Section 2 of the bill prohibits:
The manufacture, sale, offering for sale, storage, or delivery of an adult use cannabis product that is not manufactured by a person licensed under the "Colorado Marijuana Code" (license holder); The manufacture, sale, offering for sale, storage, or delivery of a product containing industrial hemp that is for human consumption and that is not food, a cosmetic, a dietary supplement, a food additive, an herb, or an over-the-counter drug that contains industrial hemp; and The manufacture, sale, offering for sale, storage, or delivery of an industrial hemp product that was not manufactured by a registered wholesale food manufacturer. Section 3 imposes a civil penalty of up to $10,000 for:
Manufacturing, selling, offering for sale, storing, or delivering an adult use cannabis product that is not manufactured by a license holder; and Violating a permit requirement for industrial hemp products established by rule. These penalties are credited to the the wholesale food manufacturing and storage protection cash fund. Section 4 prohibits a political subdivision of Colorado from promulgating or enforcing additional duties for or standards for food safety applicable to premises or places where industrial hemp products are held for distribution, produced, manufactured, packed, processed, prepared, treated, packaged, or transported. Current law authorizes the department of public health and environment (department) to require permits for manufacturing food that may be contaminated so that it is injurious to health. The department may establish standards for the permits and manufacturing. Section 5 :
Adds dietary supplements, food additives, cosmetics, and industrial hemp products to this provision; Adds that an ingredient that is injurious to health also authorizes the department to require a permit. Section 6 requires a political subdivision of Colorado to get department approval to perform food safety inspections at facilities used to store, manufacture, produce, pack, process, treat, package, or transport industrial hemp products. Current law declares industrial hemp products not adulterated unless the product violates certain provisions. Section 7 adds that an industrial hemp product is deemed adulterated if the product is an adult use cannabis product and is not manufactured by a license holder. Section 7 authorizes a wholesale food manufacturing facility to sell, produce, or possess products containing artificially derived cannabinoids only if:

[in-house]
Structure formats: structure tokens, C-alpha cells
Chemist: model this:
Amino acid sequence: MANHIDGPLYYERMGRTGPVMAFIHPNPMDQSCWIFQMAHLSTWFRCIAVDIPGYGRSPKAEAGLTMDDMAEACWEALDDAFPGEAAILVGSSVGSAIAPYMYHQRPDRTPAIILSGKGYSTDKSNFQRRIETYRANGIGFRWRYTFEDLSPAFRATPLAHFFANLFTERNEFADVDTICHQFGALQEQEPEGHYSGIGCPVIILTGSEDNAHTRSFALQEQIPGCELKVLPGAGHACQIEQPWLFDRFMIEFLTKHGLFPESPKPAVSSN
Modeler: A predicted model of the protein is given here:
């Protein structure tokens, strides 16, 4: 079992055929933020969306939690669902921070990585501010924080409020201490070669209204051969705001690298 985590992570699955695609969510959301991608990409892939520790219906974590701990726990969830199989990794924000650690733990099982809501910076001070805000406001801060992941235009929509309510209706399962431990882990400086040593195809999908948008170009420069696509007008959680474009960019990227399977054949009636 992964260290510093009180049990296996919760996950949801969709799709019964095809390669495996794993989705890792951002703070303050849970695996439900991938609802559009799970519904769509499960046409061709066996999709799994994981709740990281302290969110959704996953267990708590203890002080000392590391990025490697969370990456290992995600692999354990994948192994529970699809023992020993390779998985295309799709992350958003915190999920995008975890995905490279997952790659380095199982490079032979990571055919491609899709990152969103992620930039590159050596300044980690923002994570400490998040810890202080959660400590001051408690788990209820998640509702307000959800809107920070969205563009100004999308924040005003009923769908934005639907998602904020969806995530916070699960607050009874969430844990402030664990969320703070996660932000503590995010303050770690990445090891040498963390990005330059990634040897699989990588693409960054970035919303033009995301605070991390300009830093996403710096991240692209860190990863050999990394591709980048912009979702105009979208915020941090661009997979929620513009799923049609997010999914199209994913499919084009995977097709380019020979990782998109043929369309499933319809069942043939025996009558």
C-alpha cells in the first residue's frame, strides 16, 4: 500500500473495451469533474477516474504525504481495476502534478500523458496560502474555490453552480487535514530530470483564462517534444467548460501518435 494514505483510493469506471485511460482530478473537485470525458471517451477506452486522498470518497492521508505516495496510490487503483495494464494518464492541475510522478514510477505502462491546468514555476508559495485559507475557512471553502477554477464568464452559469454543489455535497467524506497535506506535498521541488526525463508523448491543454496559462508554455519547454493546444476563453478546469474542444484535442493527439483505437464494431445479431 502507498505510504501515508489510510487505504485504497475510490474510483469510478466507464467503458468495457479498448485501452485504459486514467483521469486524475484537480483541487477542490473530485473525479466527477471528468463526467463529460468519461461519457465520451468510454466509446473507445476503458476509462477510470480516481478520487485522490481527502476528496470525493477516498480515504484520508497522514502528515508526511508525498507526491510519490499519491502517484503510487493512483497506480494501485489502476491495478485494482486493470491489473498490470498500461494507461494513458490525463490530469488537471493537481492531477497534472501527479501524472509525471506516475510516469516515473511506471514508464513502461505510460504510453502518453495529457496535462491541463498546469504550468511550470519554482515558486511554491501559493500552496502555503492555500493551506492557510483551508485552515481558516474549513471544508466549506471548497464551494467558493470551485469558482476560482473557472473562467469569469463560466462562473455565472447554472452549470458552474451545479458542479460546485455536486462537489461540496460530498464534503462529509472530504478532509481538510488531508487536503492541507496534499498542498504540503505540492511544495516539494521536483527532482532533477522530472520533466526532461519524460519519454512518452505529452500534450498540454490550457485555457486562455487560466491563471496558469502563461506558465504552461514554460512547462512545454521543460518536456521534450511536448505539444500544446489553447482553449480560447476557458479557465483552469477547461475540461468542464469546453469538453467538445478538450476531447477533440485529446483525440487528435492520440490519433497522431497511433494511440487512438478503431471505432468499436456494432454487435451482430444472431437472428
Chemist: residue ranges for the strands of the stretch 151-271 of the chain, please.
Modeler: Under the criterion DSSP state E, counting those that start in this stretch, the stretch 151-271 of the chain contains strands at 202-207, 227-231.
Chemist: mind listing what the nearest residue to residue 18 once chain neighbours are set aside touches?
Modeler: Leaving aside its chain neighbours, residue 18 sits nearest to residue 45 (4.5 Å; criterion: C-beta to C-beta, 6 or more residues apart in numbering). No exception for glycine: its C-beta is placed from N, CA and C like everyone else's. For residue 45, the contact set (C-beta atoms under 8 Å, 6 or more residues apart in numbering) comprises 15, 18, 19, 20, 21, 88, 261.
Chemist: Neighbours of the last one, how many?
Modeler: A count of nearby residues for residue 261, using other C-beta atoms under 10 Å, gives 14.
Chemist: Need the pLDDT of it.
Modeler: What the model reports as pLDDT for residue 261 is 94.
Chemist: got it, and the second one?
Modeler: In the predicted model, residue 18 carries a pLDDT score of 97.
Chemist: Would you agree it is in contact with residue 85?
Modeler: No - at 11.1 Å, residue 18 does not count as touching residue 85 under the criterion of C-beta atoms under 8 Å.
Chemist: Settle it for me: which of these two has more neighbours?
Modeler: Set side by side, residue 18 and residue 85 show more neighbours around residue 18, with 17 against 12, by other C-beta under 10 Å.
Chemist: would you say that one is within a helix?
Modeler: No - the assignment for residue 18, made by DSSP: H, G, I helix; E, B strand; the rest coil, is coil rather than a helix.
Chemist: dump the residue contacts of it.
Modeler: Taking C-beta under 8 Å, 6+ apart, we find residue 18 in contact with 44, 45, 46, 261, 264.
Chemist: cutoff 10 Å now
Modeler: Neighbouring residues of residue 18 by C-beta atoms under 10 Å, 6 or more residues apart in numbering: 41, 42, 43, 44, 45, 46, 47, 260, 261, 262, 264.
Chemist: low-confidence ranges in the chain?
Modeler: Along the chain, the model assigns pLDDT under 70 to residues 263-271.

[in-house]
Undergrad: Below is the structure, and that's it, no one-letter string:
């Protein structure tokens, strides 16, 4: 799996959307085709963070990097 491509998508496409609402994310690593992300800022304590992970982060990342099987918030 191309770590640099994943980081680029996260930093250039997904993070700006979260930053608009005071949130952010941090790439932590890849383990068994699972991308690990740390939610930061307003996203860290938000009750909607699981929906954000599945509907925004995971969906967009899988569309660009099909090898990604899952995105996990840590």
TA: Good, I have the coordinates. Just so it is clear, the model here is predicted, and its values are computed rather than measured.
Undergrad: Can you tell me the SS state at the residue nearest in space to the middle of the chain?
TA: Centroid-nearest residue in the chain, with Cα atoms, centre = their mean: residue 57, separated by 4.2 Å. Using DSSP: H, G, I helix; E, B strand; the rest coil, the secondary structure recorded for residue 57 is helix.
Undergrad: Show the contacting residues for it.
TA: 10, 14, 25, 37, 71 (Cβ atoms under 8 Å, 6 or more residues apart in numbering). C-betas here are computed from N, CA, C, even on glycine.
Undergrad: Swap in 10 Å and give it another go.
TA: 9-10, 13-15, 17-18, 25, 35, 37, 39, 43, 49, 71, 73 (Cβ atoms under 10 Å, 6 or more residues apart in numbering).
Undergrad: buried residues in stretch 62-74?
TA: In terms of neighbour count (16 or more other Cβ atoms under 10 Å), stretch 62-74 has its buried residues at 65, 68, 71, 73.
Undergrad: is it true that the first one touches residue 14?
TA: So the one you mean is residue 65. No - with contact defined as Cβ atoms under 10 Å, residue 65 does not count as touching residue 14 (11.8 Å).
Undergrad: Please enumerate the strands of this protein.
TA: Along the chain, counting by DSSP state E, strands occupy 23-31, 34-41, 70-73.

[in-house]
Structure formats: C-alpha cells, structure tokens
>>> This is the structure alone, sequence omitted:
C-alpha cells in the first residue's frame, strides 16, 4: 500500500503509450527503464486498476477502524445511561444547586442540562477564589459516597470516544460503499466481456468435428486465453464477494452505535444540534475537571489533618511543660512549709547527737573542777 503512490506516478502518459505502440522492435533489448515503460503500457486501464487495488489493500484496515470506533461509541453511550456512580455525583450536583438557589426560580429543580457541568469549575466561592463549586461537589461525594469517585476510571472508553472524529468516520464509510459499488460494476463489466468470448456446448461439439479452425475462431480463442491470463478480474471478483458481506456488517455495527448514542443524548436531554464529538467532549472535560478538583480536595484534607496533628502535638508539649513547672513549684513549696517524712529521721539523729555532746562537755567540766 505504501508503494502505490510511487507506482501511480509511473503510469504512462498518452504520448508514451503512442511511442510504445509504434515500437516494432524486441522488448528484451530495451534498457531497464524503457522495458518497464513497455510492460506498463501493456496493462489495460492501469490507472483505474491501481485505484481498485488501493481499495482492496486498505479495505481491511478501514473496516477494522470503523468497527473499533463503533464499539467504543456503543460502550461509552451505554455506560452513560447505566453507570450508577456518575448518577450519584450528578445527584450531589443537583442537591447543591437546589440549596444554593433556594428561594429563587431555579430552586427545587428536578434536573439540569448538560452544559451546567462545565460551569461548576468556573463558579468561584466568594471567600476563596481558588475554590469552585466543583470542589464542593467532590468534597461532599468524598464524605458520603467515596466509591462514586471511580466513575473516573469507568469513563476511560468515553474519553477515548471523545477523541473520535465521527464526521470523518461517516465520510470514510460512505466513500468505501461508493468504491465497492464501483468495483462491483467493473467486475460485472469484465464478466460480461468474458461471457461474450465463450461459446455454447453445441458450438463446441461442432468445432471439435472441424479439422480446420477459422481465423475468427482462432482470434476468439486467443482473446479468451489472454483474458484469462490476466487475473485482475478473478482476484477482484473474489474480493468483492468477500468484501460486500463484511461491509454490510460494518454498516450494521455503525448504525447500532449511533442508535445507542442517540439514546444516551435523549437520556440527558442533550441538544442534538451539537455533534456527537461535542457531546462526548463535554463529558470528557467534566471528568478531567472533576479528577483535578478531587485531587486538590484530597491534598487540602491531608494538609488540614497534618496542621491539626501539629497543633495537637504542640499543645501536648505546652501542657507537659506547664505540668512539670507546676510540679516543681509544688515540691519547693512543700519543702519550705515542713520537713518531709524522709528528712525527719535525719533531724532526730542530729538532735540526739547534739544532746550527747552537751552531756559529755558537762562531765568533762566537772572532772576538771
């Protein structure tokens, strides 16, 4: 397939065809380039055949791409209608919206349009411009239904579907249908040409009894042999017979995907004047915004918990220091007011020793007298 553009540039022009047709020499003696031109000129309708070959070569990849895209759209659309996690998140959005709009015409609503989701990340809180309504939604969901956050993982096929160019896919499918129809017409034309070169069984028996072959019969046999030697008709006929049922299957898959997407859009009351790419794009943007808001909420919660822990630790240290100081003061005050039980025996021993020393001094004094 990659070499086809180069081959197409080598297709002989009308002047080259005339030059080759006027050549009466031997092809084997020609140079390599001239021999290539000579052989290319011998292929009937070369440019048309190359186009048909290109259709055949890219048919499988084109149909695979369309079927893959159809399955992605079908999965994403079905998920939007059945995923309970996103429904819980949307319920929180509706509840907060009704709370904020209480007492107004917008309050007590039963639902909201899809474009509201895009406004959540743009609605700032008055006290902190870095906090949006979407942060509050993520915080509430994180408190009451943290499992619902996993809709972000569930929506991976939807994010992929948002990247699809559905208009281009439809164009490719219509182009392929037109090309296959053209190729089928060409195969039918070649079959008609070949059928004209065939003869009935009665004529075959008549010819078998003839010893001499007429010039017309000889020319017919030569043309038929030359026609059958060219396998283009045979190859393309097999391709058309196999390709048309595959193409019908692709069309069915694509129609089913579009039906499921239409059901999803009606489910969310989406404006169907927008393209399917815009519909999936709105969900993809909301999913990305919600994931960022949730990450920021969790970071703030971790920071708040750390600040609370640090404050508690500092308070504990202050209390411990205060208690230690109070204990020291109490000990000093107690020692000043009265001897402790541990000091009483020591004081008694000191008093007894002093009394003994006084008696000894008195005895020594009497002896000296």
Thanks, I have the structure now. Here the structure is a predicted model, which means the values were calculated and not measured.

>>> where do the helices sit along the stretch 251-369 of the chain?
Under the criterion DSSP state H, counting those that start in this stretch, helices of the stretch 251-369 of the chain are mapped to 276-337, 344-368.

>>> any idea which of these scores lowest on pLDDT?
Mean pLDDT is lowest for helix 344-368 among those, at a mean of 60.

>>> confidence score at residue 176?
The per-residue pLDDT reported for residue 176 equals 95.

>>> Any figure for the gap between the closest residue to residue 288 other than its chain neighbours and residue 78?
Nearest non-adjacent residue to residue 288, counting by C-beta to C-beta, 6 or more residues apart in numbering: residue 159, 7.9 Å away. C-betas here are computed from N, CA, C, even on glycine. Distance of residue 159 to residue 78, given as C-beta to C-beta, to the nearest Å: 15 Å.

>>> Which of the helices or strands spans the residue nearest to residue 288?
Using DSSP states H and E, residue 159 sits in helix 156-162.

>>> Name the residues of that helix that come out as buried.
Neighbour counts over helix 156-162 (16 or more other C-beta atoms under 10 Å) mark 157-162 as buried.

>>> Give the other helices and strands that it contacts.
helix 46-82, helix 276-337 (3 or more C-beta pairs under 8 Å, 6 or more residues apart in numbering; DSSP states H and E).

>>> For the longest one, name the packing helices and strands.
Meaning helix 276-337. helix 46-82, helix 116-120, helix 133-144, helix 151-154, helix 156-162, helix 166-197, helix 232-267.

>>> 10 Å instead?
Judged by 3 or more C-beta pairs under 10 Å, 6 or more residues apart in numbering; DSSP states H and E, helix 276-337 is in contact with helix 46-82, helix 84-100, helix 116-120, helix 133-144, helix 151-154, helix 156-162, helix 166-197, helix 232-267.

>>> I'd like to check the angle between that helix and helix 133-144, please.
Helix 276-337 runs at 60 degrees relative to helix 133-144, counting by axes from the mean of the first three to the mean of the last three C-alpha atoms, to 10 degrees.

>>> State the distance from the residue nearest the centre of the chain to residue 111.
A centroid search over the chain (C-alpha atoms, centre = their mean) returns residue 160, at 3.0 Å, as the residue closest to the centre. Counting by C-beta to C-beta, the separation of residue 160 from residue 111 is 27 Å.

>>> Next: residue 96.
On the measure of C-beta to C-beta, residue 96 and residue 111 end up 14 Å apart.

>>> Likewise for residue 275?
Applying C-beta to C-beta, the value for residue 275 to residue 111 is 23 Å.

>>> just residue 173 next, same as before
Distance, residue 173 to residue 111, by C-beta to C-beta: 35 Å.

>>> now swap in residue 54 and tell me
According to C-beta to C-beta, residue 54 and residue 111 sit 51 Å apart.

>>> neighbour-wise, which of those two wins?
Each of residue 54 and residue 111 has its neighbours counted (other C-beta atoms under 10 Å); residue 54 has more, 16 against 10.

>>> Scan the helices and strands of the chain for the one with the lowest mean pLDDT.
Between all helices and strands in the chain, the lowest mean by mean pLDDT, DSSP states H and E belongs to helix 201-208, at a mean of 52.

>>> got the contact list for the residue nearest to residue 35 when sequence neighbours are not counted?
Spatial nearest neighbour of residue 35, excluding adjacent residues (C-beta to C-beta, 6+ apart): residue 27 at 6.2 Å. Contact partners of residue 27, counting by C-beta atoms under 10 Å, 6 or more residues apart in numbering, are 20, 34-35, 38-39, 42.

The facility is registered; The product is an industrial hemp product; The product is not intoxicating; and Prior to distribution and sale, the manufacturing facility has provided the marijuana enforcement division (division) samples and information concerning the product. Section 9 authorizes the division to promulgate rules, with the technical assistance of the department, to define the amount of one or more tetrahydrocannabinols that results in the designation of a product as an adult use cannabis product. Section 9 also requires the division to promulgate rules to regulate the manufacturing, distribution, and sale of adult use cannabis products as retail marijuana products. Section 10 prohibits a retail marijuana store from offering for sale or accepting an adult use cannabis product that was not properly designated as and transferred to it by a licensed retail marijuana products manufacturer or accelerator manufacturer. Section 11 prohibits a retail marijuana manufacturer from transferring an adult use cannabis product unless the person holds the appropriate license under the "Colorado Marijuana Code". Section 12 makes it a deceptive trade practice to violate the provisions of the bill that apply to hemp, cannabis, or anything made from hemp or cannabis.
(Note: Italicized words indicate new material added to the original summary; dashes through words indicate deletions from the original summary.)
(Note: This summary applies to the reengrossed version of this bill as introduced in the second house.)